The Cleveland Browns earned cheers this week for their first win since the Obama presidency. Meanwhile, another player (from another sport) continues to make the news as he transitions from Cleveland to Los Angeles, creating a lot of sweet movie deals in the process. LeBron James doesn’t make his Lakers debut until October 18th, but he already has 10 projects in development in both TV and film. The highest profile of these has, for a few years now (since 2015), been the planned Space Jam sequel, teaming James with the various Looney Tunes characters the same way Michael Jordan did in the 1996 family film. To get things going, LeBron is working with Ryan Coogler, the director of Black Panther and Creed, who will serve as one of the producers on Space Jam 2. Terence Nance of HBO’s Random Acts of Flyness will direct Space Jam 2 when it starts filming in 2019 after the upcoming NBA season ends. Warner Bros. will distribute Space Jam 2 probably in 2020. It’s not yet known what other current NBA stars LeBron James is hoping to recruit to join him and the returning Looney Tunes all-stars (or who might be the “Bill Murray,” if not the actor himself).
Marvel Studios is such a force to be reckoned with that, in some weeks, they could easily dominate half the Weekly Ketchup. This week, we’re going to group all of the Marvel news into one story. We’ll start with the just-breaking news that the summer-long director search for The Eternals has settled upon indie film director Chloe Zhao (The Rider, Songs My Brothers Taught Me). Zhao is following a similar path as previous Marvel choices (like the directors of Thor: Ragnarok and next year’s Captain Marvel). Her take on The Eternals will reportedly focus on a romance between Ikaris and Sersi (who, in the comics, was a longtime member of the Avengers in the 1990s). We also learned from Disney CEO Bob Iger this week that Marvel Studios chief Kevin Feige will oversee Fox’s various Marvel properties (X-Men, Fantastic Four, etc) going forward. On the (streaming) TV front, Marvel and Disney are also now preparing spinoff solo shows for both Loki and Scarlet Witch (it’s unknown if they will be prequels or sequels to the movies). Those shows on Disney’s upcoming streaming service are separate from ABC, which is reportedly developing a “female Marvel superheroes” series that is being written by Allan Heinberg (Wonder Woman). On top of that, there was also that big first trailer for next year’s Captain Marvel (3/8/2019), and all of the things that we think we may have learned from it.
Over the course of the 24 “official” James Bond films to date, there have been many different takes on the character and the franchise, and several different actors playing him as well, including Daniel Craig, who is returning for James Bond 25. One constant, however, has been that the movies have always been directed by Brits. That all changed this week with the news that the search to replace Danny Boyle has ended with the hiring of director Cary Fukunaga (Jane Eyre, Sin Nombre; HBO’s True Detective), who was at one point attached to direct last year’s horror hit IT (he retained a writing credit on that film). James Bond 25 had been scheduled for 2019, but that was delayed when Boyle departed as director. With Fukunaga hired, James Bond 25 is now scheduled for release on February 14th, Valentine’s Day, 2020. It’s not yet known if that date was chosen because of any inherent romantic plot or if it’s just an example of counter-programming. The other major sequel currently scheduled for February 14, 2020 is Reese Witherspoon’s Legally Blonde 3. Other directors that had been previously mentioned as possibilities were Edgar Wright (Baby Driver), Jean-Marc Vallee (Dallas Buyers Club), and Yann Demange (White Boy Rick). It’s also not known if Said Taghmaoui (Wonder Woman) will still be cast as one of the James Bond 25 villains.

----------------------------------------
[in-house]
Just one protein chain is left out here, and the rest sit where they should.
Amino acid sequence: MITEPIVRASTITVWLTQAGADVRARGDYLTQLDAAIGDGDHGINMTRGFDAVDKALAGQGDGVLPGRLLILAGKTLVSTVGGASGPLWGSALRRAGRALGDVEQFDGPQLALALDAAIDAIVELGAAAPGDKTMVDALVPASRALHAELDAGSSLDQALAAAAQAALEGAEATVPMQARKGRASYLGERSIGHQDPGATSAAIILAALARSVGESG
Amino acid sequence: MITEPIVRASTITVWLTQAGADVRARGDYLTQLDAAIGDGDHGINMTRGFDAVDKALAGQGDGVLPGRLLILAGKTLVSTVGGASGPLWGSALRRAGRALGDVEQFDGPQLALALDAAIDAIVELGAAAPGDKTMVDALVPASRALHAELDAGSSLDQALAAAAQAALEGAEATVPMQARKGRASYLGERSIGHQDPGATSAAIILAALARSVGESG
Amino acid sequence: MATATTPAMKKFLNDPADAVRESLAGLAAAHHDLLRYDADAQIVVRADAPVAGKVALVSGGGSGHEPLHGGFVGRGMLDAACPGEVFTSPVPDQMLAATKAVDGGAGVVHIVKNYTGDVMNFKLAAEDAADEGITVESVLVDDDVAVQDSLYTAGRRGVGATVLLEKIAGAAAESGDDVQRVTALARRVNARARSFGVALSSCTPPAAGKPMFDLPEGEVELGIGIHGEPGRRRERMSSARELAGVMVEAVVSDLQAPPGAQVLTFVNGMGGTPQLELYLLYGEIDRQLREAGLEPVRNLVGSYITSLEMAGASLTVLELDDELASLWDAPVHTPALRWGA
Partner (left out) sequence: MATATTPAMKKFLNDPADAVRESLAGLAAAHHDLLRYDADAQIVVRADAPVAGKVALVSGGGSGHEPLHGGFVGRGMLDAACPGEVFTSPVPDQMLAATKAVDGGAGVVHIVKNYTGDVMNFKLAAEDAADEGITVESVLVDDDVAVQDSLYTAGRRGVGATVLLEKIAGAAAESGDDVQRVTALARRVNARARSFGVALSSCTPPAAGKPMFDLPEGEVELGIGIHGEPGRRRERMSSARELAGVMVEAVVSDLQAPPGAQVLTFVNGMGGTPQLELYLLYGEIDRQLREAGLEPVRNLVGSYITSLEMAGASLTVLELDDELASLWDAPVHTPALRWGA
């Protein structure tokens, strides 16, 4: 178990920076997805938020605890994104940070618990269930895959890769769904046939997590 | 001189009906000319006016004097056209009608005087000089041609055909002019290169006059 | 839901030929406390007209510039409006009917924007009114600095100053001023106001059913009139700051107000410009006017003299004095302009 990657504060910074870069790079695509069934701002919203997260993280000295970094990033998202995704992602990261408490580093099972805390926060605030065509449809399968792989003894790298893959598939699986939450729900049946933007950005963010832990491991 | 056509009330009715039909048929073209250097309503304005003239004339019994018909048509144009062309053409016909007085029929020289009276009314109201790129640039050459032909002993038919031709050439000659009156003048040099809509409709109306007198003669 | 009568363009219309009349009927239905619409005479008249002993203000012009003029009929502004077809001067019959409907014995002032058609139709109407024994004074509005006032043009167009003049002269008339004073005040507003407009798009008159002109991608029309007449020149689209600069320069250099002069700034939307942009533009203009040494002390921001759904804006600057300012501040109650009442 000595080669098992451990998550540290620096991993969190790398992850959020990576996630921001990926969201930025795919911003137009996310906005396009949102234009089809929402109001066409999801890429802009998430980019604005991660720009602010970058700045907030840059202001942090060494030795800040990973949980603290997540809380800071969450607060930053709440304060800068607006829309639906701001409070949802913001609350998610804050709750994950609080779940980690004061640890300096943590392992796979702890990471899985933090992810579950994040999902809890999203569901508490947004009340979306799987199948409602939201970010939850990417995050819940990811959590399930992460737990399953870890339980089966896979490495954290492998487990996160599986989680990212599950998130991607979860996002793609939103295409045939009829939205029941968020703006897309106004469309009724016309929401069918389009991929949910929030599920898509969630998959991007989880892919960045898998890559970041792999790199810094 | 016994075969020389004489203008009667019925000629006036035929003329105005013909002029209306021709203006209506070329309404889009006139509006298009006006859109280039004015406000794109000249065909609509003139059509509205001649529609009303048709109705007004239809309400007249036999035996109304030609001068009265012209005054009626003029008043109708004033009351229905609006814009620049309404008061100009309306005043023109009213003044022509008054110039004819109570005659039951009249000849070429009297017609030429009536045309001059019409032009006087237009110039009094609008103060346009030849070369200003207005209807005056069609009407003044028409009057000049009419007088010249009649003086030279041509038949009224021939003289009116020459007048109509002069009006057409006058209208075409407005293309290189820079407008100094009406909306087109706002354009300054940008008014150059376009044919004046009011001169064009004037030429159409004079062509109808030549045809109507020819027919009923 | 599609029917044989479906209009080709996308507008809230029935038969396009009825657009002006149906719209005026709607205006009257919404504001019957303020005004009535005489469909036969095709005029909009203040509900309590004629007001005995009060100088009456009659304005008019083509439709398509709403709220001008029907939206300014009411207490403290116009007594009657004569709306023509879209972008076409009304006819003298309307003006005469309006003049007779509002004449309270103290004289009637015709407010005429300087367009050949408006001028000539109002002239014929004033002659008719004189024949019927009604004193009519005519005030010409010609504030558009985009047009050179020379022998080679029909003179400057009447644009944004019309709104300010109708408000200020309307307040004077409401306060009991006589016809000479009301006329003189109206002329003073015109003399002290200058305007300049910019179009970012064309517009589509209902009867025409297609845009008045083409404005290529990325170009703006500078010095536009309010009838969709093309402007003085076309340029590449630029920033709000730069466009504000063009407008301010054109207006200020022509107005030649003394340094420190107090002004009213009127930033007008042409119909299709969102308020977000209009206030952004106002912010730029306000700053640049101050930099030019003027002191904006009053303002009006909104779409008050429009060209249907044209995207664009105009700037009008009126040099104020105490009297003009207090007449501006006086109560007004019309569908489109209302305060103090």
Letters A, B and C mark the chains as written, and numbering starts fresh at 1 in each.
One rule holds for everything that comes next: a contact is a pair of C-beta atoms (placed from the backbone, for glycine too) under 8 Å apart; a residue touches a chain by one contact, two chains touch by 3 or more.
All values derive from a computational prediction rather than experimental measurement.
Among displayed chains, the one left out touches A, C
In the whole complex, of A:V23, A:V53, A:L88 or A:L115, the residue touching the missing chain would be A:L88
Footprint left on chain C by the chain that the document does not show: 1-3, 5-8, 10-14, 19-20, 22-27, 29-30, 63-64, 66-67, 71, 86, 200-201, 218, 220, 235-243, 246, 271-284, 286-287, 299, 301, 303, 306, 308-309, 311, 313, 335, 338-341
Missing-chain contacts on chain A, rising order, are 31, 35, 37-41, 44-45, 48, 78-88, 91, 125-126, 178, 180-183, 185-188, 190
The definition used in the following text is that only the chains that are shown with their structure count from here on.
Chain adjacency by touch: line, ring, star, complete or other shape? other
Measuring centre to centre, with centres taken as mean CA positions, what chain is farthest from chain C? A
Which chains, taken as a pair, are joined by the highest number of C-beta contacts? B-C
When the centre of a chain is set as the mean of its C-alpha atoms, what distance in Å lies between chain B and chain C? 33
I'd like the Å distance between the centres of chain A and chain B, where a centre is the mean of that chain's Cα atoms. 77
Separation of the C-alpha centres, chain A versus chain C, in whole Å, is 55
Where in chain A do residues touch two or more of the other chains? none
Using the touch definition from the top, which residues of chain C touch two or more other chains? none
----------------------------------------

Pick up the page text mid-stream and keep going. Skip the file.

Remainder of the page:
It was just last week that Michael B. Jordan’s (Creed, Black Panther) name was floated out as a possible Superman replacement following Henry Cavill’s likely departure. This week, however, we learned that it’s a very different franchise that Michael B. Jordan is now joining, with the news that he’s signed with Paramount to star in a new series inspired by novels by Tom Clancy. Clancy’s most famous movie character is Jack Ryan, but there have long been plans to also adapt another character, CIA operative John Clark. Clark has been a supporting character in the past (played by both Willem Dafoe and Liev Schreiber), but Michael B. Jordan’s take on the character will be clearly in a lead role. The plan is reportedly to start with an “origin story” adaptation of Without Remorse, which would then be followed by an adaptation of Rainbow Six, which has already become a popular video game series.
As details emerged about Elizabeth Banks’ planned reboot of Charlie’s Angels, one of the changes was that the Townsend Agency is now an international “security and intelligence service.” This week, we learned that this means that each location will also have its own “Bosley,” with Elizabeth Banks playing one, and an esteemed Star Trek and X-Men actor playing another. That actor is Patrick Stewart, whom we learned last month has also signed on to reprise his role of Jean-Luc Picard in an upcoming new Star Trek series. The three new Angels that Banks and Stewart will be playing Bosleys to were already announced as being Kristen Stewart (Twilight), Naomi Scott (Disney’s new Jasmine in next year’s Aladdin), and newcomer Ella Balinska. Sony Pictures has scheduled this new Charlie’s Angels reboot for a year from next week, on September 27, 2019.